Tonawanda News — LOCKPORT — A State Supreme Court Justice who openly questioned some of the charges in the 28-count public corruption indictment against Town of Niagara Supervisor Steven Richards has now stepped down from the case.
Justice Richard Kloch Sr. recused himself and has been replaced by Buffalo-based State Supreme Court Justice Christopher Burns. The reasons for the recusal were not immediately known.
Attorneys for Richards declined to comment on the change in judges.
A spokesperson for New York State Attorney General Eric Schneiderman did not respond to phone calls inquiring about the change. A source close to the case suggested that the attorney general’s office may have sought Kloch’s removal.
The 18-year town supervisor entered a plea of not guilty, during an arraignment before Kloch in October, to the indictment which contains four felony counts and 24 misdemeanor charges. They include one count of defrauding the government, two counts of fourth-degree grand larceny, one count of fourth-degree criminal possession of stolen property, 11 counts of petit larceny and 13 counts of official misconduct.
The indictment accuses Richards of engaging in an ongoing scheme to steal town property and use town employees and equipment for his own personal gain.
At the arraignment, Richards lead defense attorney, Rodney Personius, launched an attack on the case brought by Schneiderman and State Comptroller Thomas DiNapoli. Personius told Kloch there were multiple defects in the indictment.
The former federal prosecutor and veteran defense attorney said the indictment failed to indict where in New York state Richards’ crimes occurred and said some of his alleged crimes were not crimes at the time they may have happened.
Personius also said the statute of limitations may have run out on some of the alleged crimes.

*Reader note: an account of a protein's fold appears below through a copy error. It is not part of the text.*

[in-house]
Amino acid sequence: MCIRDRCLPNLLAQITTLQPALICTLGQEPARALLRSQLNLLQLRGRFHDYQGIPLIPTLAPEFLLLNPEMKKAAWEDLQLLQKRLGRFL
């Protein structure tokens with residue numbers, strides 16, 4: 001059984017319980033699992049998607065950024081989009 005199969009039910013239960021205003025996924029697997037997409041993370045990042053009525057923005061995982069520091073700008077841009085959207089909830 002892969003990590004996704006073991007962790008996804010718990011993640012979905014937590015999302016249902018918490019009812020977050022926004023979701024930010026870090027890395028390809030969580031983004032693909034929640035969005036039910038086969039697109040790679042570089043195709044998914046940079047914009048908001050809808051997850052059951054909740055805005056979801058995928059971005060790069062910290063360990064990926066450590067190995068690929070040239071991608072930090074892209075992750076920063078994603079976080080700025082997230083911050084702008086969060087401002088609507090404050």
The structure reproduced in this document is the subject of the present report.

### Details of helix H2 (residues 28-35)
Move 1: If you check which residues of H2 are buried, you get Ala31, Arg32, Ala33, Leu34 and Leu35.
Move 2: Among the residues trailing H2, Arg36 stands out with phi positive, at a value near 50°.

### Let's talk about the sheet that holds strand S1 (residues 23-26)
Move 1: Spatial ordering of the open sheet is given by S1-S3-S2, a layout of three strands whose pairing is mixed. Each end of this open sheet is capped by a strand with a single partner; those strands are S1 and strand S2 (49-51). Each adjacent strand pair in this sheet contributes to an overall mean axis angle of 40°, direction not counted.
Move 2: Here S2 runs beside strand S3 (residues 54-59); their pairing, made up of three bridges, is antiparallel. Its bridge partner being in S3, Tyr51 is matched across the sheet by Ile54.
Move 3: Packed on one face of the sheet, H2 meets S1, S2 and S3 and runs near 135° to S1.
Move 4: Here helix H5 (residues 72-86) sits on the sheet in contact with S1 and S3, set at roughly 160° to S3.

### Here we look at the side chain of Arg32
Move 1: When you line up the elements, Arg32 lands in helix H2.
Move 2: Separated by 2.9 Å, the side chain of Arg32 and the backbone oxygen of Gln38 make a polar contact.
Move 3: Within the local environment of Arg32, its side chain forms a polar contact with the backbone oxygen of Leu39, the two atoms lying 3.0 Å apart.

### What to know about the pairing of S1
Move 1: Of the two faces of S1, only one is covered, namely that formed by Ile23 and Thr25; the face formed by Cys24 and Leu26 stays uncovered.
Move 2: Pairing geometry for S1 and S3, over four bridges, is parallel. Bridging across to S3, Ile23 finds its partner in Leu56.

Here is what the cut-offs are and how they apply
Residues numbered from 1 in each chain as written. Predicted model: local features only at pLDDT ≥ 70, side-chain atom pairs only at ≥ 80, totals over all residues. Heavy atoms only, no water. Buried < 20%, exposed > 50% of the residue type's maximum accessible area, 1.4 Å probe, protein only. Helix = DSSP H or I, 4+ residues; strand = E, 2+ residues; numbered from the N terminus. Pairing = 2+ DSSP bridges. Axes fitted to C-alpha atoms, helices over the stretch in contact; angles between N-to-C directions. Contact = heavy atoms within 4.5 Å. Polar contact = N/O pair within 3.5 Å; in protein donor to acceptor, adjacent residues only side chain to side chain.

Kloch, himself, noted that a felony theft charge in the indictment seemed to claim that the crime occurred from March of 2002 through March of 2012.
“Either that’s the longest theft in all of mankind or there’s more to be looked at here,” the judge said.
Kloch had scheduled a December hearing to listen to arguments on Personius’ claims, but that hearing was adjourned and no new date was set.
The indictment charges that, beginning in 2001, Richards engaged in a scheme to steal goods and use town resources for his own personal benefit. Among the claims are allegations that he directed town employees to pick up and deliver property to his personal business, clean a clogged drain at his personal business, and connect a storm drain, at a residential rental property he owns, to a state storm water line.
Investigators charge that all of that work involved the use of town equipment and employees who were working on town time.
Richards is also accused of stealing numerous industrial supplies belonging to the town, including paint, a drill, and drain cleaner. He is also accused of taking a shotgun from the town police department.
Kloch released Richards on his own recognizance. He faces a maximum of two and 1/3 to seven years in state prison if convicted of the highest charges in the indictment.